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    1. 1.1 Great confusion or disorder.
      ‘if they weren't at school they'd be wreaking havoc in the streets’
      • ‘In this one, she's a scientist trying to deal with an enormous octopus wreaking havoc in San Francisco.’
      • ‘Since it was launched five weeks ago, several people have contacted the It's Your Call hotline to complain about teenage bikers wreaking havoc.’
      • ‘Sutton's police chief has pledged to make the borough the safest in London by waging war on career criminals and drug traders wreaking havoc in our communities.’
      • ‘We need to help consumers leap-frog the illegal downloading issues that have wreaked havoc on the music industry.’
      • ‘A number of school pupils and restaurant staff are being put in quarantine as the north west battles to stop the Sars virus wreaking havoc.’
      • ‘Her family work as daily labourers and a day off can wreak havoc for the family's economy.’
      • ‘My mother-in-law is mentally ill and wreaking havoc on our marriage.’
      • ‘He said a gang of about 30 teenagers have been causing havoc for the past six months.’
      • ‘A series of lightning strikes in the North and the South-East have been wreaking havoc with supply.’
      • ‘Later came laws limiting working hours, forbidding child labour and other abuses, to curb the widespread social havoc.’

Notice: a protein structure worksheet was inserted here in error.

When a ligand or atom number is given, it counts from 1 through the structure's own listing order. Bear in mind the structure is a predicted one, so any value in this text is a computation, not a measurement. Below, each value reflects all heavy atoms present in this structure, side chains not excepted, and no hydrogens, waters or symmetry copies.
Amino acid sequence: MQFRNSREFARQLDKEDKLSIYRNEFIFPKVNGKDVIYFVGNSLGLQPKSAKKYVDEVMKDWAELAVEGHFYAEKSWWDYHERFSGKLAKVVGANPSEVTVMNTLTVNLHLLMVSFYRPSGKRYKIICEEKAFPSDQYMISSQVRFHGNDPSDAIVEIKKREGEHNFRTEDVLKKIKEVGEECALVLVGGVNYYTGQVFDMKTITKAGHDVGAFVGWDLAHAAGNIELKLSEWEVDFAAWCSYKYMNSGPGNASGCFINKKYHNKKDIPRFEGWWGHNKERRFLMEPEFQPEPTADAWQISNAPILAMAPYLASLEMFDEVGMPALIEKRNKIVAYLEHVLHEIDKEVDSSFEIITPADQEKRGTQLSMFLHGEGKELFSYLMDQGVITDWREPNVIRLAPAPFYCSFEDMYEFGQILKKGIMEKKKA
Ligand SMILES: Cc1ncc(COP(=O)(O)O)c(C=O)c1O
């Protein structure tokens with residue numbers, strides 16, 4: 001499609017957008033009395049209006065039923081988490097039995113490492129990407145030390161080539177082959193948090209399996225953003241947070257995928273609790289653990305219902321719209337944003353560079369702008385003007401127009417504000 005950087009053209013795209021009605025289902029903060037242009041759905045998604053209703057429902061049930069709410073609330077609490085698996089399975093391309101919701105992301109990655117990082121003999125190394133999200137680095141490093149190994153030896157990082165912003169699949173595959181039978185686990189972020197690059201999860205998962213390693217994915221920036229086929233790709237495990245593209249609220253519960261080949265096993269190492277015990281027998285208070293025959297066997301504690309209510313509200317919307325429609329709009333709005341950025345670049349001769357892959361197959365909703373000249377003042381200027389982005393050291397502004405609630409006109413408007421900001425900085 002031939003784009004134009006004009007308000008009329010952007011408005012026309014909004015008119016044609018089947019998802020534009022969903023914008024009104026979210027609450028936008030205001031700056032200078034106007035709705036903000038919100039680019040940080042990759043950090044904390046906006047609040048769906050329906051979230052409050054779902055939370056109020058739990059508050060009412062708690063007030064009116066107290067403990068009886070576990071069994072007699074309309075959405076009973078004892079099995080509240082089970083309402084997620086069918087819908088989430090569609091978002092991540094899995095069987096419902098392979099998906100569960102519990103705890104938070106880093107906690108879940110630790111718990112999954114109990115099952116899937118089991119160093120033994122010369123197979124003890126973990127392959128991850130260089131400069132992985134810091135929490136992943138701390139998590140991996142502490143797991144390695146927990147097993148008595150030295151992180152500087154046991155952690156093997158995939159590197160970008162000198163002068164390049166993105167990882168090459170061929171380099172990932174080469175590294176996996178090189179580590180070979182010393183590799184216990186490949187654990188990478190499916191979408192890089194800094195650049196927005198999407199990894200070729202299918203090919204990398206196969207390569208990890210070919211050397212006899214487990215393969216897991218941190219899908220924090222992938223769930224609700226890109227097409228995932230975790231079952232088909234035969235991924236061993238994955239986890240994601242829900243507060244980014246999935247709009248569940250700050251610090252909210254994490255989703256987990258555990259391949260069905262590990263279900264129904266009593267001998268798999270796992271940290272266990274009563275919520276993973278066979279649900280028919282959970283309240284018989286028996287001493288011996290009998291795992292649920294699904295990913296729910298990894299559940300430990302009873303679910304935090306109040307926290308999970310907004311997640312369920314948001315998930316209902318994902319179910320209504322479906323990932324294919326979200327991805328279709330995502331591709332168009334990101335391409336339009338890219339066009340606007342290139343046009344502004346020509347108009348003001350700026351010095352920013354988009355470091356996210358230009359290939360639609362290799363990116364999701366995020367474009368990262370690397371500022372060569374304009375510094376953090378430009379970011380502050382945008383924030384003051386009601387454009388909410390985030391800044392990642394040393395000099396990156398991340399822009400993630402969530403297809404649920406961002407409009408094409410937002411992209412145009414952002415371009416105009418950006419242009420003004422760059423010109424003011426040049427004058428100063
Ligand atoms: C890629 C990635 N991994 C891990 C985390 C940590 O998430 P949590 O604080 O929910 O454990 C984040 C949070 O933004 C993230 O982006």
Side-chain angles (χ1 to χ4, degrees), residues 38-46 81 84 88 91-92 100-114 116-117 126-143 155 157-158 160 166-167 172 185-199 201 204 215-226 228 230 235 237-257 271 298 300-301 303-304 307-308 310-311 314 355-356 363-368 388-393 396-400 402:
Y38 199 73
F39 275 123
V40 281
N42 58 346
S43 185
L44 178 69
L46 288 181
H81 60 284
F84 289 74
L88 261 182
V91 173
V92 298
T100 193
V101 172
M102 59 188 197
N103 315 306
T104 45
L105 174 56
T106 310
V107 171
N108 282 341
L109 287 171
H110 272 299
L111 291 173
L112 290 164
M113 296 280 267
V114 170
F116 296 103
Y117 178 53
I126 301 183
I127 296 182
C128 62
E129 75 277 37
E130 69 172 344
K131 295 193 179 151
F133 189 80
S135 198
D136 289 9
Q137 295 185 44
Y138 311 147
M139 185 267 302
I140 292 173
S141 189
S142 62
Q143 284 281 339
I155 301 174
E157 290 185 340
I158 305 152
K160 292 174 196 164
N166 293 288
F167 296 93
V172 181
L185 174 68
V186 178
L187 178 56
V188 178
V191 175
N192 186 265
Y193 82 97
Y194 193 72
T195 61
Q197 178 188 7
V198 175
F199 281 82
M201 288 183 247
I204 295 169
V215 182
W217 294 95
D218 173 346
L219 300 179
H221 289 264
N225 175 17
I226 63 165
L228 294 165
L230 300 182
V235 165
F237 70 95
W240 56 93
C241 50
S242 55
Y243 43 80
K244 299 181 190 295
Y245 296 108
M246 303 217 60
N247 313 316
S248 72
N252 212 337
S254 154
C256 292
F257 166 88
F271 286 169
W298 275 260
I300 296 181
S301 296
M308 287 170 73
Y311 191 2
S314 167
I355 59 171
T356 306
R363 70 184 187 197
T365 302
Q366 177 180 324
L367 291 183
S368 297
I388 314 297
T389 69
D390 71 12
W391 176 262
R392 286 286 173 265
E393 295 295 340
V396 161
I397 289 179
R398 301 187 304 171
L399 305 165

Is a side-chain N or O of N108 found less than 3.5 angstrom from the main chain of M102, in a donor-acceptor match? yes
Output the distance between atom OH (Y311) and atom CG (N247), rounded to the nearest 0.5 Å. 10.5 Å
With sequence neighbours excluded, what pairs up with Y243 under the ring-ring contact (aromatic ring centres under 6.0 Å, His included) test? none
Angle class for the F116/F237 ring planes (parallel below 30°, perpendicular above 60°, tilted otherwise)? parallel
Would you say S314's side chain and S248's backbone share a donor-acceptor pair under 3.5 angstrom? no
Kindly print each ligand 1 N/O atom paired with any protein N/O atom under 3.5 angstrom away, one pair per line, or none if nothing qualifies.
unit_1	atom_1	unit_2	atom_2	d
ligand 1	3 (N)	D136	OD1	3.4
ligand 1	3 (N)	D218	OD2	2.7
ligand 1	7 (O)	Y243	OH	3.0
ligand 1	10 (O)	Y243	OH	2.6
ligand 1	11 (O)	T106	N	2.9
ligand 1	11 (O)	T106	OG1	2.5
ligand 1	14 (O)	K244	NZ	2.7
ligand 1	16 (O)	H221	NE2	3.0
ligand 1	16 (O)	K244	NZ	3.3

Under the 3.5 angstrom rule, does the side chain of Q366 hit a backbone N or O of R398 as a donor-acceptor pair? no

• ‘He stared at me, his intensely blue eyes wreaking havoc in my mind.’
      • ‘At first, it seemed she didn't have a chance, with a horrible cold that wreaked havoc with her voice.’
      • ‘A notorious pyramid selling scam, which caused havoc among small communities on the Isle of Wight last year, has reared its ugly head in Scotland again.’
      • ‘Many people fear that if children weren't at school they be wreaking havoc in the streets all day.’
      • ‘The black striped mussel has caused millions of dollars worth of damage to marine industries around the world, and can cause havoc for shipping.’
      • ‘One easy-going and tolerant who could not understand fellow travellers who complained about her children wreaking havoc on a long train journey.’
      • ‘But the group insists that the size of the development is too large for the conservation area and would bring traffic havoc to already congested lanes.’
      • ‘Off-road bikers wreaking havoc are being warned that police could soon have the power to confiscate their machines.’